United States District Court, C.D. Illinois, Springfield Division
LORA J. WHEATLEY, Plaintiff,
FACTORY CARD AND PARTY OUTLET, a division of AMSCAN HOLDINGS, INC., Defendant.
SUE E. MYERSCOUGH, District Judge.
Before the Court is Defendant Factory Card & Party Outlet's Motion for Summary Judgment (d/e 23) against its former employee, now the Plaintiff in this case, Lora Wheatley. The motion is DENIED. The Court finds that there are genuine questions of material fact concerning whether Wheatley was a qualified individual with a disability under the Americans with Disabilities Act on the date of her termination, and concludes that Wheatley was not estopped from bringing her claim.
I. FACTUAL BACKGROUND
For nearly 12 years, Plaintiff Lora Wheatley worked for Defendant Factory Card and Party Outlet ("FCPO") in Springfield, Illinois. Motion for Summary Judgment ("Mot."), d/e 23 at 3. After starting as a store supervisor at the party-goods chain in 1996, Wheatley was later promoted to store manager. Id . On July 11, 2009, FCPO terminated Wheatley for not coming to work. The reason that Wheatley did not come to work on July 11 and that FCPO subsequently terminated her are now the subject of this lawsuit. Id . at 4. Alleging violations of the Americans with Disabilities Act (ADA), 42 U.S.C. § 12101, et seq., Wheatley contends that FCPO failed to accommodate her disability and discriminated against her because of her disability. See Complaint, d/e 1 ¶ 1. FCPO denies these allegations, and now moves for summary judgment. See Answer to Complaint, d/e 6; Mot., d/e 23.
In November 2008, Wheatley was a store manager at FCPO's Springfield, Illinois location when a family medical incident took her away from work for 19 days. See Mot., Ex. Q, d/e 23-1 at 51. Wheatley sought and was given 19 days of leave under FCPO's Family and Medical Leave Act (FMLA) policy, which provides employees with 12 weeks of paid leave in a rolling twelve-month period. See id. Wheatley returned to work after the 19 days expired, using 2.7 weeks out of her 12 weeks of FMLA leave.
In March 2009, Wheatley injured her foot and submitted a note to FCPO from her primary care physician, Dr. James A. Bohan, stating that she could return to work "without restrictions" on March 27, 2009. Mot., Ex. G, d/e 23-1 at 32. She returned to work on that date, resuming her duties as store manager. Mot., Ex. H, d/e 23-1 at 34. When she went home at the end of her shift, however, she "couldn't walk" and went to see Dr. Bohan again. Id . Dr. Bohan wrote another note stating that Wheatley should not work for one week and recommended that she see Dr. Karolyn Senica, an orthopedist. Mot., Ex. I, d/e 23-1 at 35.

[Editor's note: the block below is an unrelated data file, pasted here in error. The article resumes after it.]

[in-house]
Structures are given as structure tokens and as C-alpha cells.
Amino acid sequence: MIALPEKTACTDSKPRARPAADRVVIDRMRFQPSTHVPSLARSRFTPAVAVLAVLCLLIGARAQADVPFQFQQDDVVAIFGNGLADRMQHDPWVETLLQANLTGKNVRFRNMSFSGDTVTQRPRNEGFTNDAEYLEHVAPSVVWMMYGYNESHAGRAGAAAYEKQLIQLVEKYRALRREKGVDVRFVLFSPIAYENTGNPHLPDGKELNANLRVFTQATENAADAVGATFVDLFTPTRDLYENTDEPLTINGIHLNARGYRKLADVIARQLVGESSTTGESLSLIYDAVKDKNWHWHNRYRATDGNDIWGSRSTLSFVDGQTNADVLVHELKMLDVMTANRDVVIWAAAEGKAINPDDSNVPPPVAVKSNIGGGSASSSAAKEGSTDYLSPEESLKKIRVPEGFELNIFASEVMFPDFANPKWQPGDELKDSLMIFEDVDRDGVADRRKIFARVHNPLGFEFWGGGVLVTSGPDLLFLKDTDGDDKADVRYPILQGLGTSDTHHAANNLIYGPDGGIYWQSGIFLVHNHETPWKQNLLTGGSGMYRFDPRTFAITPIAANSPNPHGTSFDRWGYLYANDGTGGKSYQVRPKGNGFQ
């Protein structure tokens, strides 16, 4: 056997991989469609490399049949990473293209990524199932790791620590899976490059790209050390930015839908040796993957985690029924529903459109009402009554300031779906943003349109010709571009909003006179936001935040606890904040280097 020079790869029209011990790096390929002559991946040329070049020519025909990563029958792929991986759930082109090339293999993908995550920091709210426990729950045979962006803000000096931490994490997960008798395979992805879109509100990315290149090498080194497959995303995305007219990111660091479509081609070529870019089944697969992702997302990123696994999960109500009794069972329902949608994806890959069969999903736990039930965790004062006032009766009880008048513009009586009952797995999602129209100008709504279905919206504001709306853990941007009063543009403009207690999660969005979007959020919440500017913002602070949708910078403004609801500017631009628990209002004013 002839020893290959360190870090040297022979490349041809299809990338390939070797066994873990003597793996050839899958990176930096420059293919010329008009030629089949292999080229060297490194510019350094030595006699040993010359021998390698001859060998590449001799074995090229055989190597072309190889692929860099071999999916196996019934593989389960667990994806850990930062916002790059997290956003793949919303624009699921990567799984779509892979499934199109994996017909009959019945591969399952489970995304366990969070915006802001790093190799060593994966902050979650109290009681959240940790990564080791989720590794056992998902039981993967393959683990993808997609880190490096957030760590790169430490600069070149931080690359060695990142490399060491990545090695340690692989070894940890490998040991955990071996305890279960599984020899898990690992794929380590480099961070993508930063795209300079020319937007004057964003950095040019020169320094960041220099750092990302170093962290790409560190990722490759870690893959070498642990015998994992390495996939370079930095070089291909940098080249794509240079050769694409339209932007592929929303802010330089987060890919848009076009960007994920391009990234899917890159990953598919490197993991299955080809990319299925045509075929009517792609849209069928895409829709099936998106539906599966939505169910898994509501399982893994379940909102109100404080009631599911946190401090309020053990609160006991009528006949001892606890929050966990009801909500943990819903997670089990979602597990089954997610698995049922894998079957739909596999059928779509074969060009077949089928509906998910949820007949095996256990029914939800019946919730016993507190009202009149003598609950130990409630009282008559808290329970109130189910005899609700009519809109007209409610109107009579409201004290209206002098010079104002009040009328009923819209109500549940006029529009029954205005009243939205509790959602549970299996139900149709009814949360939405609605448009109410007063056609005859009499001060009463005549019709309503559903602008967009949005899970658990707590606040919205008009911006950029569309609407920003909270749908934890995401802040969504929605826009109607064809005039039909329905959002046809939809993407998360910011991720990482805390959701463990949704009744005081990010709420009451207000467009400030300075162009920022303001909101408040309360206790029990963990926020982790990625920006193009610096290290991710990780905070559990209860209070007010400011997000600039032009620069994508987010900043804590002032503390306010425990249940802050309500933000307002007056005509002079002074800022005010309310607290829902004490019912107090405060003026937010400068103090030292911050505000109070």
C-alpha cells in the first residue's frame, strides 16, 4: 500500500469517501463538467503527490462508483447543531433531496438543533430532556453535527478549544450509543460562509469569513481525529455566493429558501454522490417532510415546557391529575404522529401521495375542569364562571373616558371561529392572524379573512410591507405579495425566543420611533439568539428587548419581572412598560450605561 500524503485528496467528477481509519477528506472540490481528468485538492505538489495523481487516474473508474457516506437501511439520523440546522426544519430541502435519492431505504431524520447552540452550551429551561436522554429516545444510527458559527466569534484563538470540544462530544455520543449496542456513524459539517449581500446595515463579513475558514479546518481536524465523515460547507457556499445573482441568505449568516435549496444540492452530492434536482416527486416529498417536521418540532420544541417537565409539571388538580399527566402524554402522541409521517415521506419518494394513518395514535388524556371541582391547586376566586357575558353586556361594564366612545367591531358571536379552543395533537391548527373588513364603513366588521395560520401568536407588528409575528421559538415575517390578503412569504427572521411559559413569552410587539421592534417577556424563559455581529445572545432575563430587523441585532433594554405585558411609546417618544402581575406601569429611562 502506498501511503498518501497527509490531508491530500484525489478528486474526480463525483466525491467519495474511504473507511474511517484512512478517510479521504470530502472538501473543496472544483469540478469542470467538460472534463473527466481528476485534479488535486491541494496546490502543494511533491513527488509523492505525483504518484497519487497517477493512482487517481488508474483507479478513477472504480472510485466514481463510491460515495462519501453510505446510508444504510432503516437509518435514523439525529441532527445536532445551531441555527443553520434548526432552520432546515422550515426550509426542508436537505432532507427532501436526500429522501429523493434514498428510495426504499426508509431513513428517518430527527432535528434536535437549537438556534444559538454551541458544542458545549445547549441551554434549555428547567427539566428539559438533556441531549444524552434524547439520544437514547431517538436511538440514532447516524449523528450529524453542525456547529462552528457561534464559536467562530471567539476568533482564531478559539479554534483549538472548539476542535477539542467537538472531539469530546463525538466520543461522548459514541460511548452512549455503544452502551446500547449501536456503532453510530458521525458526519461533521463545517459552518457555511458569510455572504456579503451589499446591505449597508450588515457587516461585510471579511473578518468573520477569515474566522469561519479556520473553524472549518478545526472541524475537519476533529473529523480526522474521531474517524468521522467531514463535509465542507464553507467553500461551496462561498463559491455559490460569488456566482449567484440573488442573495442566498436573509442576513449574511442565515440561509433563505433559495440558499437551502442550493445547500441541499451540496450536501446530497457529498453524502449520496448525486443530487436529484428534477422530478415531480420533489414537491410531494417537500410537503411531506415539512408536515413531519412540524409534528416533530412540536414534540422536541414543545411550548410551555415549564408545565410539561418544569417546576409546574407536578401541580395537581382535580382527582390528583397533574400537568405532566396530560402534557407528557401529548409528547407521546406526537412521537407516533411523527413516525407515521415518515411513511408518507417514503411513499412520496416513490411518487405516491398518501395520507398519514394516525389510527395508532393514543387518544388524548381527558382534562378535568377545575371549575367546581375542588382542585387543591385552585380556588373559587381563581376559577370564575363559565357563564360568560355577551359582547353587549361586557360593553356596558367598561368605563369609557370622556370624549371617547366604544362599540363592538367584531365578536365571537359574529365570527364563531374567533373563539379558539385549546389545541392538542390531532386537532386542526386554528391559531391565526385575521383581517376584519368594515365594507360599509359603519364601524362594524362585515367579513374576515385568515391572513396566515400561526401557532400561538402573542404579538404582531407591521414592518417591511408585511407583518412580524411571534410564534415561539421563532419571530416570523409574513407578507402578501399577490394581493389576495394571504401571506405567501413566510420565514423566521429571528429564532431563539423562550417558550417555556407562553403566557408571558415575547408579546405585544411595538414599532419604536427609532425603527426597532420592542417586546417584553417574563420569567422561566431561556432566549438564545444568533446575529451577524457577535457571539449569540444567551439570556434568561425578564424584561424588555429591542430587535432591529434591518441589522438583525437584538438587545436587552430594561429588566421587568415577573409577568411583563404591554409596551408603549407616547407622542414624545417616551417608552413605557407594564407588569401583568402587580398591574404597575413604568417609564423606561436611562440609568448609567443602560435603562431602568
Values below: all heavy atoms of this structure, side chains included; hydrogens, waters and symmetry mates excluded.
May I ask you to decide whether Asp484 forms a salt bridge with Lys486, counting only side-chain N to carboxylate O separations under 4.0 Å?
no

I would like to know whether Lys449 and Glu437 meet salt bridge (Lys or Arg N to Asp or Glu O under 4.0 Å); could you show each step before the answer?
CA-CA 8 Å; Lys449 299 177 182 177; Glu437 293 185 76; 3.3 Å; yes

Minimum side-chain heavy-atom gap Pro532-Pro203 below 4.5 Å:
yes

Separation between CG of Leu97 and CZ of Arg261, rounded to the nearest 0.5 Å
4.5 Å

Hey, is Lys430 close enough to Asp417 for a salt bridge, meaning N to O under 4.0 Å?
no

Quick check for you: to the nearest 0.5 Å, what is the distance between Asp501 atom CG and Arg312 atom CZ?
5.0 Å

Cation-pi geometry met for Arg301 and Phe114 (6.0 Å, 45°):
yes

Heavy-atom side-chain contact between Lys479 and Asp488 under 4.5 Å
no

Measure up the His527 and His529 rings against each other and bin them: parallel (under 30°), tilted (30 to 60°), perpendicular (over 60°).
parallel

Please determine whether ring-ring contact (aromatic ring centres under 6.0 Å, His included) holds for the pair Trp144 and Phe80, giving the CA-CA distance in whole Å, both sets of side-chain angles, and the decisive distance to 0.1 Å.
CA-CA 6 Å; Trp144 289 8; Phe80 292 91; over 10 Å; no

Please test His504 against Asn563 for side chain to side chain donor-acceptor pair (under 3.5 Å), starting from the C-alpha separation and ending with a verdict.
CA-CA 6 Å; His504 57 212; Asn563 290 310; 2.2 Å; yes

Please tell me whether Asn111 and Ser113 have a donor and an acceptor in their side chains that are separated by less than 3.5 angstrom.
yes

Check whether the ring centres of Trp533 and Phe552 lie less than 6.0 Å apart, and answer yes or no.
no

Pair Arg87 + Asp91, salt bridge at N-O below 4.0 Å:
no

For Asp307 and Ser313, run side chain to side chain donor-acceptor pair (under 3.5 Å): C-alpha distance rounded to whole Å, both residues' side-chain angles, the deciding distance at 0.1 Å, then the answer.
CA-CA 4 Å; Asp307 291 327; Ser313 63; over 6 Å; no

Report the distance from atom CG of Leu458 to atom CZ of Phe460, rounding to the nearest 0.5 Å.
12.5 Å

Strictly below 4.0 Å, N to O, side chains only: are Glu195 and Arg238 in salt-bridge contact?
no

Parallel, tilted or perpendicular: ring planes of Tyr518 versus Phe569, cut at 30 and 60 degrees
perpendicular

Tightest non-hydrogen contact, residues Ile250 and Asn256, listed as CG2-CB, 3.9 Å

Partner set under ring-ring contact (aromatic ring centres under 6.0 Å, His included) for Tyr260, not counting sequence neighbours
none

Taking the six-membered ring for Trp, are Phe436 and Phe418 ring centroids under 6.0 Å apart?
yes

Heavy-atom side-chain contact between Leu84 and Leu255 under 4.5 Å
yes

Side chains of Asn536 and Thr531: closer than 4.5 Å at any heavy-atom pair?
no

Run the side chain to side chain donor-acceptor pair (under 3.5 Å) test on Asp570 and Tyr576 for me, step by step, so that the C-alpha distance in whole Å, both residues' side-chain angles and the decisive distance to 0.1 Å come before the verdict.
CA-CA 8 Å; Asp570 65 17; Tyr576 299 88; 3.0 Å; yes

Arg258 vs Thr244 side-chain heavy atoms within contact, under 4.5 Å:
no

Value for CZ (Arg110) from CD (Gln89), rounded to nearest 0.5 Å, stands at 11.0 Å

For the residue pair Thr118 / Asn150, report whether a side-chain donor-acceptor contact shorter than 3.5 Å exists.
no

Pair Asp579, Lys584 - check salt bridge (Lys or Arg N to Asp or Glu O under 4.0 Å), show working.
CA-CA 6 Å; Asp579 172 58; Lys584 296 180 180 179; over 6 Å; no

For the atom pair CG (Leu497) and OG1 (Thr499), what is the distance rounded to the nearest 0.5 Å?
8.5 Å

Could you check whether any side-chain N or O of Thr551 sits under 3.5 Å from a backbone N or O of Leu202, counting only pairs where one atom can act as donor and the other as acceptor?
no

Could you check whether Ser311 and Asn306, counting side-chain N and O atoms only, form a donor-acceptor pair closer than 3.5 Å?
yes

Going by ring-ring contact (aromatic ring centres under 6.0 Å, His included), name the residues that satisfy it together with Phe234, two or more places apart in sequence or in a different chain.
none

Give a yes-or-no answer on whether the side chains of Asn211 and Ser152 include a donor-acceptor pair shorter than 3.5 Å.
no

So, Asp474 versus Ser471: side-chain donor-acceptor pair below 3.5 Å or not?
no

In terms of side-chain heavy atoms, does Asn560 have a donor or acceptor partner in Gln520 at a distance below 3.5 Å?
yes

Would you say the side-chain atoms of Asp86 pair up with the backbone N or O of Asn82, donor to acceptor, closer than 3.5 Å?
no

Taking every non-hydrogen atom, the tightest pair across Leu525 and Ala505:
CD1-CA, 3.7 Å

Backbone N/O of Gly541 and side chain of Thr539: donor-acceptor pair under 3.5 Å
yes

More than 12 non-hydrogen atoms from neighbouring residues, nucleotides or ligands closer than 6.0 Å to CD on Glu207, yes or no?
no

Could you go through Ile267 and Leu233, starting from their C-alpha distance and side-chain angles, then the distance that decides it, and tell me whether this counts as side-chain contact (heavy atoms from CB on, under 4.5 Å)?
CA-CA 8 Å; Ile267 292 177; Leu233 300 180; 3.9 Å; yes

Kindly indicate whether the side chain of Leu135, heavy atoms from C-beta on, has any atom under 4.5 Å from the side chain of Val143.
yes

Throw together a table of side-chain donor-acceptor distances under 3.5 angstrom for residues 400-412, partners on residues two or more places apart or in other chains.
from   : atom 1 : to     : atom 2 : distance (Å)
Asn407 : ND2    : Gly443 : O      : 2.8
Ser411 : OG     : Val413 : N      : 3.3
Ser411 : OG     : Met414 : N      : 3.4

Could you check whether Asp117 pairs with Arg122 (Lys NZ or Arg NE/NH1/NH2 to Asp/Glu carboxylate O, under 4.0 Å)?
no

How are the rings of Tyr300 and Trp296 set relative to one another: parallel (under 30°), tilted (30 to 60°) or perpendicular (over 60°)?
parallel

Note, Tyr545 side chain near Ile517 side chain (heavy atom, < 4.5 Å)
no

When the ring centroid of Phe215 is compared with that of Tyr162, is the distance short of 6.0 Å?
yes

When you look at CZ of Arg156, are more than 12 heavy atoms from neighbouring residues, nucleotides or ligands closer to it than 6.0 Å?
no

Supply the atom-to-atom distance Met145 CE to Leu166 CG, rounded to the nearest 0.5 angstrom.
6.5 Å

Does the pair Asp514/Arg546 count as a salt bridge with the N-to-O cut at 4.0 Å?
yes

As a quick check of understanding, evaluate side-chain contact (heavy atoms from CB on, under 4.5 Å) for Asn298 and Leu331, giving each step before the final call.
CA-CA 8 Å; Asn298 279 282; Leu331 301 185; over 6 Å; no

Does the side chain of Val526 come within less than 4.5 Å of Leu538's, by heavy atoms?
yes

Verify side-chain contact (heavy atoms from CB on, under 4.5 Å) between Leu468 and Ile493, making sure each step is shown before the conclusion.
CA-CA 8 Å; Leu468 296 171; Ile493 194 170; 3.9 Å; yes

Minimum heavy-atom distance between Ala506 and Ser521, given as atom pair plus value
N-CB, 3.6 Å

On April 16, 2009, FCPO sent Wheatley a letter asking her to have her physician fill out a "Certification of Healthcare Provider for Employee's Serious Health Condition" and return it to FCPO within 15 days. Mot., Ex. N, d/e 23-1 at 41. An FMLA notice accompanying the letter stated that Wheatley had requested leave beginning on April 8, 2014, and that she had 9.3 of her 12 weeks of FMLA leave remaining. Id . at 42. FCPO also enclosed materials for applying for short-term disability benefits through Aetna Insurance. Id . at 41. The record does not indicate whether Wheatley sent FCPO the physician certification, but clearly Wheatley began using her remaining FMLA leave.
Wheatley then had a number of appointments with two different doctors. She first went to see Dr. Senica, the orthopedist, on April 28, 2009. Memorandum of Law in Opposition to Defendant's Motion for Summary Judgment ("Resp."), Ex. 1, d/e 26-1 at 1. At that time, Dr. Senica told Wheatley that she should remain off work until further notice. Id .; Mot., Ex. J, d/e 23-1 at 36. Wheatley apparently met with Dr. Senica again on June 10, 2009, but the results of that visit are unclear. Resp., Ex. 1, d/e 26-1 at 1; Mot., Ex. K, d/e 23-1 at 37. With Wheatley's FMLA leave set to expire on June 13, 2009, FCPO granted Wheatley four additional weeks of leave, lasting until July 11, 2009. Mot., Ex. P, d/e 23-1 at 48-49. During this four-week extension, Wheatley sought a second opinion about her foot from Dr. Jeffrey Fleischli, a podiatrist, on June 17, 2009. Resp., Ex. 1, d/e 26-1 at 2. The record does not contain the results of that initial visit with Dr. Fleischli, but the record does show that Wheatley returned to Dr. Senica on June 22, 2009, and that Dr. Senica wrote Wheatley a note stating that she could return to work on July 6, 2009 "with no restrictions." Mot., Ex. L, d/e 23-1 at 38.